Urban Wildlife

Many different wildlife species reside in the parks, riverfronts, and backyards of our community. Human-wildlife conflicts result as urban development encroaches on previously natural areas. Animals such as raccoons, deer, skunks, coyotes, birds, and opossums have largely managed to adapt well to our presence. Humans, on the other hand, are still working to master this living arrangement. Many people understand the need for effective, lasting, and humane solutions to occasional conflicts with wildlife—mostly because these people enjoy wildlife and want wild animals as neighbours—but many people also resort to inappropriate and environmentally irresponsible “solutions” to human-wildlife conflicts. It’s important to remember that they are just doing what comes naturally – trying to find food, shelter, and raise their young.


If you are experiencing difficulty with an animal at your home, please review these wildlife conflict fact sheets from Toronto Wildlife Centre or the Wisconsin Humane Society.

Should I Trap and Relocate an Animal?

Trapping is not an effective long term method of wildlife control because it doesn’t address the availability of food and shelter. Trapped wildlife can suffer severe self-injury in their attempts to escape and this is more probable the longer they are in a trap. Furthermore, relocation of the captured animals adds to the stress of being in an unfamiliar territory, increases the potential for transmission of infectious diseases and increases conflict between animals (especially during the spring and summer).  Experts estimate that as many as 70% of relocated wild animals do not survive more than a short time in the new location.

If you are experiencing difficulty with an animal at your home, please read through the links above to obtain sound ideas on how to safely handle the removal of these animals. If you are unsuccessful and require expert help to humanely trap the animal (ensuring its safe release back into its habitat), the Humane Society endorses using the services a humane wildlife control company. Two local companies have agreed to abide by humane animal handling standards:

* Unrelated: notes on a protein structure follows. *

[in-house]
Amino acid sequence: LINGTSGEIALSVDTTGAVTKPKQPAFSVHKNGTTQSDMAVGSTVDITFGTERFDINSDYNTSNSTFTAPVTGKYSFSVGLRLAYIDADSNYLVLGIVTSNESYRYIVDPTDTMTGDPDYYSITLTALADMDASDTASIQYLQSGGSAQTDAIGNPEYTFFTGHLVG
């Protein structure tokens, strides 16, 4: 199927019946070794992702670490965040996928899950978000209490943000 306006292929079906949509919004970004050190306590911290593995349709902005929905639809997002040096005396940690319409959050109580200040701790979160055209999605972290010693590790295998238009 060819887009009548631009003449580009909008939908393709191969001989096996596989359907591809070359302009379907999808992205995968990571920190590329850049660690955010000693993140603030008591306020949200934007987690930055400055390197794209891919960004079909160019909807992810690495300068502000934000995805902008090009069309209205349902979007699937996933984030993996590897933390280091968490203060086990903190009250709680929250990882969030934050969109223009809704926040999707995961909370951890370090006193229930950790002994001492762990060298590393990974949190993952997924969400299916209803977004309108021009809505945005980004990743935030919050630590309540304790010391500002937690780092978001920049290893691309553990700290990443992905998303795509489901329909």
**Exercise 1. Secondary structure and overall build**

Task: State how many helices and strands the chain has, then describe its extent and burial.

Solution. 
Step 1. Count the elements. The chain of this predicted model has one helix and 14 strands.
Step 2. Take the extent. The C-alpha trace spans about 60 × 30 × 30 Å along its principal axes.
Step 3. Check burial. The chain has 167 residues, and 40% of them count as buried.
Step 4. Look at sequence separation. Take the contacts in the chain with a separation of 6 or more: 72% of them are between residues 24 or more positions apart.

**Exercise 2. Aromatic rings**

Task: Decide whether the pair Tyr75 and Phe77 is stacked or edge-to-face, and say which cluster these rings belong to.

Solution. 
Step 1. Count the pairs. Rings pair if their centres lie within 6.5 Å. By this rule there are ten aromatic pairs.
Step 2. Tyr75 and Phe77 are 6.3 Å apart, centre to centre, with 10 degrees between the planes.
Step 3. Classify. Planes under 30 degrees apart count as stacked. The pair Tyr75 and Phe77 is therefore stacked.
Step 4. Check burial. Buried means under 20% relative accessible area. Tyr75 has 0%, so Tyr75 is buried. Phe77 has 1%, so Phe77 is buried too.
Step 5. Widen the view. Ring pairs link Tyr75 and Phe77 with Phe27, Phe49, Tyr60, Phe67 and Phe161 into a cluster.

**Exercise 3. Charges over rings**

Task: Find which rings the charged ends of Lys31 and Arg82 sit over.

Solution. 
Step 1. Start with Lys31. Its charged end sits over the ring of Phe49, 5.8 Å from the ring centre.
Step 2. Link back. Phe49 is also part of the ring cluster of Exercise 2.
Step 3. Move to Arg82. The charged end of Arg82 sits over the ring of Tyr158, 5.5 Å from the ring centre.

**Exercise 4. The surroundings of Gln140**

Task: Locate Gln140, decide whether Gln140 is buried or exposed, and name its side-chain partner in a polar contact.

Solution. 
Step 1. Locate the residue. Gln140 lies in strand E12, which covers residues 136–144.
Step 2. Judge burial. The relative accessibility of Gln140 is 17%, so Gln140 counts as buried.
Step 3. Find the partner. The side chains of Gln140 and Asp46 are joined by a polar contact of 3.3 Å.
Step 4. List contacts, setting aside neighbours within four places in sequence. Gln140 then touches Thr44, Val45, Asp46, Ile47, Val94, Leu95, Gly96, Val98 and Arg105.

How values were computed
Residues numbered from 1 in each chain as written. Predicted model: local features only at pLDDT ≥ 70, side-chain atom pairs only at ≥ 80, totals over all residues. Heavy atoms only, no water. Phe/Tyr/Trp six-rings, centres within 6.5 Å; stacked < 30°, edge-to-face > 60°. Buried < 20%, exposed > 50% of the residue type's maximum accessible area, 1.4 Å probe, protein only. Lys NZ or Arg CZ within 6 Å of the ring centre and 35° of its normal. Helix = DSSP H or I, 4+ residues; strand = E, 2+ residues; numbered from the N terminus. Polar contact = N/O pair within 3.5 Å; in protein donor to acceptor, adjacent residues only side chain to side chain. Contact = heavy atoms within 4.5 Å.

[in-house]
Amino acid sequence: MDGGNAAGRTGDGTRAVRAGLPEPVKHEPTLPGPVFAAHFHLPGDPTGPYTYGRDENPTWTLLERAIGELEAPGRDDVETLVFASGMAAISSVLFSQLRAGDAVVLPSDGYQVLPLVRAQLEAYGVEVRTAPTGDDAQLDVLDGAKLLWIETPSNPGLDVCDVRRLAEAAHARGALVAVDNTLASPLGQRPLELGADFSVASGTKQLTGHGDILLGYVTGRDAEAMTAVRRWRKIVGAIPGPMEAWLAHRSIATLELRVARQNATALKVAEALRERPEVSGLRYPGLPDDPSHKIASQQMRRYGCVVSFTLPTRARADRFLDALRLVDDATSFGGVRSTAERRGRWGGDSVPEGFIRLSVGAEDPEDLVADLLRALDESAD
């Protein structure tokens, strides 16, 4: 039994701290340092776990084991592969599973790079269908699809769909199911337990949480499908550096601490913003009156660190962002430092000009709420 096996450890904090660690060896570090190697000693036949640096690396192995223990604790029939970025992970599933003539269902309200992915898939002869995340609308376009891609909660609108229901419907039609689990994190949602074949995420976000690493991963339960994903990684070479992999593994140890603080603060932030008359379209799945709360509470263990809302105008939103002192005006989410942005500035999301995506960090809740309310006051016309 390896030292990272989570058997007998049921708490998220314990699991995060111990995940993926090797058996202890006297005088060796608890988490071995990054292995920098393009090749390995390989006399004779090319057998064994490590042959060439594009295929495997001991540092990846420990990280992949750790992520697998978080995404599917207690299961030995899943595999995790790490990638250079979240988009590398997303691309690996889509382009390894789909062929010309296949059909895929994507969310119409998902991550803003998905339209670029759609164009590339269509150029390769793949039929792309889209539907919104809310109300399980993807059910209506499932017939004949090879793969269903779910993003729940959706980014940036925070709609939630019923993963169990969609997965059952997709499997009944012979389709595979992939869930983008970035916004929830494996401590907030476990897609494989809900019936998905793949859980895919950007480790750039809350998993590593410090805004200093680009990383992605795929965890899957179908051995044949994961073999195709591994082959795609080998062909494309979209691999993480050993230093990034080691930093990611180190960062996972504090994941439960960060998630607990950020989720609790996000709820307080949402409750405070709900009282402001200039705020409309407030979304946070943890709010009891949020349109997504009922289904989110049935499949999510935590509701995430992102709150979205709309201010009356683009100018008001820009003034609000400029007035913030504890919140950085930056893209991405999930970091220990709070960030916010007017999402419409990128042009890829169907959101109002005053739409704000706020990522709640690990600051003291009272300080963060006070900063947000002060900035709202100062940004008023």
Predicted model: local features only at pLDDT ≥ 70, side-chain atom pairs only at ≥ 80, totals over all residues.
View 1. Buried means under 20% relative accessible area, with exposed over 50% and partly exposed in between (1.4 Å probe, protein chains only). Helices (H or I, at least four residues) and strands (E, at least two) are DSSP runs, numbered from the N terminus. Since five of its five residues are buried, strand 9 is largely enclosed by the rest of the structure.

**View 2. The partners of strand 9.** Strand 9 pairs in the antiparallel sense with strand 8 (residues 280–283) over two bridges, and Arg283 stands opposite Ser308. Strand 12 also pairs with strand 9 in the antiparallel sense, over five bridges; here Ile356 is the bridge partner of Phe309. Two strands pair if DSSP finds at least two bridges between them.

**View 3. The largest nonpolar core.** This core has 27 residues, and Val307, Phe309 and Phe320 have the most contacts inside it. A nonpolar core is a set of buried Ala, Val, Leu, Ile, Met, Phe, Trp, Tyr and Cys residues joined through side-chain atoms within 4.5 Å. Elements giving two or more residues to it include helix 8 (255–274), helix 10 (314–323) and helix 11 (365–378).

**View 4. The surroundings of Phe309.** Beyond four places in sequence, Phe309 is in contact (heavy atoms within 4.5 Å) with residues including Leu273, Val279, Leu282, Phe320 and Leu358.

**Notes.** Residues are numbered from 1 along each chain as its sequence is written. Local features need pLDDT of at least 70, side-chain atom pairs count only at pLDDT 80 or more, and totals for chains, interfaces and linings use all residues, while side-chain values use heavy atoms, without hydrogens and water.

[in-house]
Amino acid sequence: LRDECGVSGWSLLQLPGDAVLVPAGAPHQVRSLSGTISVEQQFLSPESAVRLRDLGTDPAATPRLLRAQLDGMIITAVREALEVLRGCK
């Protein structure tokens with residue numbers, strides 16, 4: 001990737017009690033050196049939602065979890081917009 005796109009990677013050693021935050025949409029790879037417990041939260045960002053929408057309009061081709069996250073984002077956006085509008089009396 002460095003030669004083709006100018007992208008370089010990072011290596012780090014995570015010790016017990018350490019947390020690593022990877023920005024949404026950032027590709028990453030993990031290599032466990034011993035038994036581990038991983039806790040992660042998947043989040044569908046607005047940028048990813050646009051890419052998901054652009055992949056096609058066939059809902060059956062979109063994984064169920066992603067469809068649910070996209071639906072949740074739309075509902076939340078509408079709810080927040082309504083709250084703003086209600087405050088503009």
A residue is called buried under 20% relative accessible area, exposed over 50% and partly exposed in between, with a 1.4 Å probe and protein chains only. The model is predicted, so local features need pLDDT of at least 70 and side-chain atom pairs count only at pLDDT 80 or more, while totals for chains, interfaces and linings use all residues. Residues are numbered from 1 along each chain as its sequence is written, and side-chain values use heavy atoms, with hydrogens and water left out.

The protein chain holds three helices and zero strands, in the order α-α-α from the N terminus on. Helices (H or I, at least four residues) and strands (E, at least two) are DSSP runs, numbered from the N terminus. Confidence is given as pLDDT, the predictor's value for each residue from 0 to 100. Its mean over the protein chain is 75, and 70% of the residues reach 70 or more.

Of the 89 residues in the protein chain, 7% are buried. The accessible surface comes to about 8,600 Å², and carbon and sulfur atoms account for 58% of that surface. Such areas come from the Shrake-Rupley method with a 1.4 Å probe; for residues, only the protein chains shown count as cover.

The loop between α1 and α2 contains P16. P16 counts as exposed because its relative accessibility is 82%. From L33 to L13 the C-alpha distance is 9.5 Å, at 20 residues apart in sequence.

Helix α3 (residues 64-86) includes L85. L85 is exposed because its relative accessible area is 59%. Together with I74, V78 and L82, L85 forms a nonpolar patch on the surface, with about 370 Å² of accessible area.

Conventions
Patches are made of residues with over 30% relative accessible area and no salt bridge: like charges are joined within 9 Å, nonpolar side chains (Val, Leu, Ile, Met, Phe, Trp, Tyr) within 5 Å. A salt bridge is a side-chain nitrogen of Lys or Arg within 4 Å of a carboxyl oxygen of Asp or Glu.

I’ve Found an Injured or Orphaned Animal. What do I Do?

First of all, make sure that you don’t approach a wild animal without concern for your own safely. Wild animals may be in pain or distress, and won’t necessarily realize that you are trying to help them. Secondly, before taking any action, pause to make sure that the animal actually needs help. Many animal parents leave their babies alone for hours while they go out seeking food – this doesn’t mean that they are not coming back. A baby’s best chance for success is with its mother!

Here are some fact sheets that can help you decide if a baby animal requires assistance or not:

What if a bird hits my window?

Birds Striking Windows

If you have confirmed that the animal needs help (see here), try to get the animal into a secure container. The Humane Society is not a licensed wildlife rehabilitation centre, but we are able to accept sick or injured wild animals for stabilization and transfer to our partners at Wings Rehab Centre. Sick or injured wildlife can be brought to the Humane Society daily between 8am and 6pm. You can also bring wildlife directly to Wings Rehabilitation Centre (519-736-8172) or Erie Wildlife Rescue (519-735-3919). Please be sure to contact them before going to make sure they are able to accept the animal!